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Does that hairy wall covering require a mold inspection?

Mold is caused by fungi or bacteria that grow indoors when there is adequate humidity. It contributes to indoor air pollution and, although rare, can cause serious illness.

The microbes that develop into mold spores only require the nutrition provided by the average amount of dust and dirt in homes. These tiny fungi can reproduce rapidly and become airborne exposing the entire house. You can’t always see mold, so it pays to do a mold inspection.

Where does the water come from? Aside from leaking faucets or flooding, it can be as simple as the incoming air supply. If it’s raining or snowing outside, simply opening the door and moistening the boots may be enough to start growth.

A dig for growth is to use suitable and easy-to-clean materials that reduce moisture absorption. Window frames, especially metal ones, form condensation with typical use of air conditioning. Poor insulation is another easily fixable contributor.

There are three common types of mold discussed here, all of which require a mold inspection to identify. The first is Aspergillus, and it’s everywhere and people inhale it on a daily basis. There are more than 180 species, but most of them do not harm humans. However, there are forty of them that can cause infections in people with weak immune systems or chronic illnesses.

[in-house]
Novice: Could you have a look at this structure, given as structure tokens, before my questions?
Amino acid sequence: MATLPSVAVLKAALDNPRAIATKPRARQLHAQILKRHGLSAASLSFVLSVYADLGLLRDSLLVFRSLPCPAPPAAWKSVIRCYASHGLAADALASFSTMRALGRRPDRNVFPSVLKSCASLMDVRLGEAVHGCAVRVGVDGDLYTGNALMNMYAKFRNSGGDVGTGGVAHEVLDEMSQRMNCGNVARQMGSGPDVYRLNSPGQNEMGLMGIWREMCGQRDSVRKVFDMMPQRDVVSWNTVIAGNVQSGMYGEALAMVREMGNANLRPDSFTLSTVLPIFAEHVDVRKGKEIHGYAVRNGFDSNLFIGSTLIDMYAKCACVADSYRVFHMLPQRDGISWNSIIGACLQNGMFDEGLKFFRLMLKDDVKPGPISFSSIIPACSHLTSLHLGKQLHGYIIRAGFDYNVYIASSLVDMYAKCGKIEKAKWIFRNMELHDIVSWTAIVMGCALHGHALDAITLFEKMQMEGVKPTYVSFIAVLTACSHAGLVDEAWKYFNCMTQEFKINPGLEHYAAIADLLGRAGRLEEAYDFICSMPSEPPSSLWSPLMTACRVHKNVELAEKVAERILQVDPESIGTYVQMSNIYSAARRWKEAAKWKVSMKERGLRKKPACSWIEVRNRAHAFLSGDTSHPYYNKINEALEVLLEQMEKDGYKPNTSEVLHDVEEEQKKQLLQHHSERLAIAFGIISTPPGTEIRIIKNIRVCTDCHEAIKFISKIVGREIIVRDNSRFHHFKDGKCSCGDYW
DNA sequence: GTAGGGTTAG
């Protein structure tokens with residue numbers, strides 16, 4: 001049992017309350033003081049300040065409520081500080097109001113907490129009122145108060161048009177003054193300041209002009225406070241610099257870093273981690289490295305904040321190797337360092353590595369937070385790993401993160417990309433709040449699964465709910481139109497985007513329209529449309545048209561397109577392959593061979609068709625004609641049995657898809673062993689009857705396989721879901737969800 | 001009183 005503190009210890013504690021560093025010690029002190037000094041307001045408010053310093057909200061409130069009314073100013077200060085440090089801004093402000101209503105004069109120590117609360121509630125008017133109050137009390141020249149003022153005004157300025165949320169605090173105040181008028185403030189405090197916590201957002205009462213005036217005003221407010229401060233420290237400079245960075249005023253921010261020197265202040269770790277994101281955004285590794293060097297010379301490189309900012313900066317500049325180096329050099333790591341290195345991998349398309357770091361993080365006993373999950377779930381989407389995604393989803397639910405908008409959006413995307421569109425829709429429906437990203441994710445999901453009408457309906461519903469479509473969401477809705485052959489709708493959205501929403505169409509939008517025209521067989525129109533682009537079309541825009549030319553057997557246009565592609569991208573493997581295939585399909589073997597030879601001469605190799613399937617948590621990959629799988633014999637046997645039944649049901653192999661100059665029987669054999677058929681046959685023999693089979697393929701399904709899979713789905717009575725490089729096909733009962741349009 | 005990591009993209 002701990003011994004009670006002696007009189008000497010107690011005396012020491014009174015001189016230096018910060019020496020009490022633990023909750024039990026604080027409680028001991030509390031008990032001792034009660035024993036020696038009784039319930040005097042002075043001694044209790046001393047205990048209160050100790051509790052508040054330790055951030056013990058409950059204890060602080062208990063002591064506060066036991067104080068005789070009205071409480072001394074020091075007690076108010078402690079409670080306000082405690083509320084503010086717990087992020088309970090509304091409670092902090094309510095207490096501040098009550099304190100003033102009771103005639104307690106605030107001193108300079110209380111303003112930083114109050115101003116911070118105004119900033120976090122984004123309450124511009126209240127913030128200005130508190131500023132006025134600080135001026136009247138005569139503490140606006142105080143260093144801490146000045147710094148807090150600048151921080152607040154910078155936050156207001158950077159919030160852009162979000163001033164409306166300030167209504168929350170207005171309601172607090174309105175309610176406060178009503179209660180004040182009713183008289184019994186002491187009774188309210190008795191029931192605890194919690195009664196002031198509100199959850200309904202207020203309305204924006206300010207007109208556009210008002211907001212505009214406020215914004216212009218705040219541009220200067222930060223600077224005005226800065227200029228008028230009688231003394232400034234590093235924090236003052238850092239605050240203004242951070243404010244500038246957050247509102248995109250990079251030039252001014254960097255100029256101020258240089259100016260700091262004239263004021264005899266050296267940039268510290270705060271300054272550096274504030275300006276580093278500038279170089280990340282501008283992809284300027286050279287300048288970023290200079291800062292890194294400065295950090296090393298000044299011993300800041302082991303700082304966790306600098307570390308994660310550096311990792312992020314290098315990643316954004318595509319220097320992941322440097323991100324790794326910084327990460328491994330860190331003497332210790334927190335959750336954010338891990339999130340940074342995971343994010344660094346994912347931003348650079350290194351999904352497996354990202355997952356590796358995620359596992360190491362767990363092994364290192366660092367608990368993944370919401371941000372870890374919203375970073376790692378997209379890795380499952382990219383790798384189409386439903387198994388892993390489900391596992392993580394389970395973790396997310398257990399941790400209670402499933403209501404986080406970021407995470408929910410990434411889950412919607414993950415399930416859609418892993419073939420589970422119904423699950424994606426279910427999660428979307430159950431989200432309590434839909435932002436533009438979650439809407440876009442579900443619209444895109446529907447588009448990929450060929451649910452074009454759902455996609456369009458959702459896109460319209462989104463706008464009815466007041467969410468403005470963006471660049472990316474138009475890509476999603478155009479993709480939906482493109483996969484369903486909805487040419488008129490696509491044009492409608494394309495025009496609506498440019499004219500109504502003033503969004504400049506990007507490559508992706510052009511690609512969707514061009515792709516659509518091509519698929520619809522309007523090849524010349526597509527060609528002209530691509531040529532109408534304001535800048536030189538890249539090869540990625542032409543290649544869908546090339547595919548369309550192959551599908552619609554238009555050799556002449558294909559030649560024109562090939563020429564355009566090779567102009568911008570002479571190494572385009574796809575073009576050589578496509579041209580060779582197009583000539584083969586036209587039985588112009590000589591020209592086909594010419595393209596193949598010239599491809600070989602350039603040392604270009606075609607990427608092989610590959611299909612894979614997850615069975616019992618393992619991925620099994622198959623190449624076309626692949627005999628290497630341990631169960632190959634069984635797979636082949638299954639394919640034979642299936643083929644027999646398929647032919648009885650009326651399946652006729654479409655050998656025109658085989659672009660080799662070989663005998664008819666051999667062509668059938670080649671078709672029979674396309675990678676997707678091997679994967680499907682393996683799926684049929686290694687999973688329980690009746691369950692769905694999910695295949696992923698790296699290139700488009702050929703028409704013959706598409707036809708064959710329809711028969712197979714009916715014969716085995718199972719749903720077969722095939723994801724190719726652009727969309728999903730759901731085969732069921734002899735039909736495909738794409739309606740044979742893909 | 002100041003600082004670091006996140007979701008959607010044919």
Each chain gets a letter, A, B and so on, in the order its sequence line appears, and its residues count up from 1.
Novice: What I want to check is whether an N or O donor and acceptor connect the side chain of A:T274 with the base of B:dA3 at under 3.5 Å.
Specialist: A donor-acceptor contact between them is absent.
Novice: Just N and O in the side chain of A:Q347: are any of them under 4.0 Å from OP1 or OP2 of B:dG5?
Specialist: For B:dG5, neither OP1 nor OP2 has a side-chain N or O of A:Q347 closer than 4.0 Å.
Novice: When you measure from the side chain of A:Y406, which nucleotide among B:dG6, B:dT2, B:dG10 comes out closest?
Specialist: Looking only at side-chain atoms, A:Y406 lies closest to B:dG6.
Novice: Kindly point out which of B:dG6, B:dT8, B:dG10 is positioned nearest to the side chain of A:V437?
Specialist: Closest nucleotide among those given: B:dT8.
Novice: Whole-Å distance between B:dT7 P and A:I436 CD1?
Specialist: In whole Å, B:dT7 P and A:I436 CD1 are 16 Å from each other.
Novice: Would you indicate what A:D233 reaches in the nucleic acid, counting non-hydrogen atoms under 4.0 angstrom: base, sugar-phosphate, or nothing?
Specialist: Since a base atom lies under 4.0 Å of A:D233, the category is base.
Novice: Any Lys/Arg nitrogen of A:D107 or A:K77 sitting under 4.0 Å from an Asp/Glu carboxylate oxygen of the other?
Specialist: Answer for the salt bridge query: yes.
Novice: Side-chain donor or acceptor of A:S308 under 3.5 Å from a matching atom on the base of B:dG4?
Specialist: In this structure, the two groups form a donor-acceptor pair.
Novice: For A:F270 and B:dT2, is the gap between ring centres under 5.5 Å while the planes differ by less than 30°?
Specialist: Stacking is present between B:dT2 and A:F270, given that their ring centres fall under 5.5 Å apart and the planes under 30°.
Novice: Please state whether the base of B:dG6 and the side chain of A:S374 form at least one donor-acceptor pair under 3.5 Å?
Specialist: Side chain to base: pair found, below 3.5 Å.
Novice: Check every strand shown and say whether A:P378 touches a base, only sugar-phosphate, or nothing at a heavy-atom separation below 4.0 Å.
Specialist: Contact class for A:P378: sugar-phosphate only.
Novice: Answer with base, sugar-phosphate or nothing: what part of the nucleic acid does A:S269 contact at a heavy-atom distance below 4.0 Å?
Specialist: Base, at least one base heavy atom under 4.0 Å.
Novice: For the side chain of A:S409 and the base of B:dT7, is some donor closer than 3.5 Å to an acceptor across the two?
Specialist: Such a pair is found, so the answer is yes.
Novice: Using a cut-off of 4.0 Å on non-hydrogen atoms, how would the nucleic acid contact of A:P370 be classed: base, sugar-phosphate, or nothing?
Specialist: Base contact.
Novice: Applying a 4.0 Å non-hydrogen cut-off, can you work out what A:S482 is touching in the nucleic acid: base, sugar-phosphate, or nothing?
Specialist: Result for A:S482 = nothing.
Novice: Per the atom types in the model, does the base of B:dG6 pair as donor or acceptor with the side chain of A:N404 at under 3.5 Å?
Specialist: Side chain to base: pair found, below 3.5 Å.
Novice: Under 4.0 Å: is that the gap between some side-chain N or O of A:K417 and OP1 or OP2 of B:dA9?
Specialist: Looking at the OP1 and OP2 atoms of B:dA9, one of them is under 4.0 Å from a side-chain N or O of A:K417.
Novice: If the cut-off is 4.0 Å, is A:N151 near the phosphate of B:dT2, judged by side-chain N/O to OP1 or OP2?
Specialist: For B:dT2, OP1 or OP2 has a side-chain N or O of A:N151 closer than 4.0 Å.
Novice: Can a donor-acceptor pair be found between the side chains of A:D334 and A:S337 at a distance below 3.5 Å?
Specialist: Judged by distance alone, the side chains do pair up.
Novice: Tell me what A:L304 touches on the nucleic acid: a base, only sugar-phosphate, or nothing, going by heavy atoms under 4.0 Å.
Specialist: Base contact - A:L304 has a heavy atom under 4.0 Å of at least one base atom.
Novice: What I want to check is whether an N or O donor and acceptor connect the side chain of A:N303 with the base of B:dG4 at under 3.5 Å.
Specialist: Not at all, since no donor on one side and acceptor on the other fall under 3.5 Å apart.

The second mushroom is the ever-common Cladosporium, and it loves grout lines, subfloors, and sheetrock. This fungus is the reason why hospital intensive care units do not allow cut flowers; they can develop mold once the plant matter begins to decompose. The spores can be a concern for critically ill patients. It is considered a form of black mold and the average person experiences hay fever, upper respiratory problems, or asthma if they have that disease.

The third and most worrisome is Stachybotrys Chartarum, which is toxigenic, not to be confused with a toxic substance. It means that they can but do not always produce toxins. The symptoms are the same as those of other household molds, but with rare exceptions. There appears to be an unsubstantiated link with pulmonary hemorrhage in babies exposed to this. People who are already sick would also be subject to respiratory diseases like pneumonia.

If there are any concerns, a proper mold inspection would include thermal imaging and topical samples for laboratory testing. Air samples should also be taken. Clients should expect a written report detailing the findings and recommendations for remediation if necessary. Don’t buy a home without first having a mold inspection, and if you rent a home, know that the landlord is responsible for any mold problems and related illnesses of the occupants.

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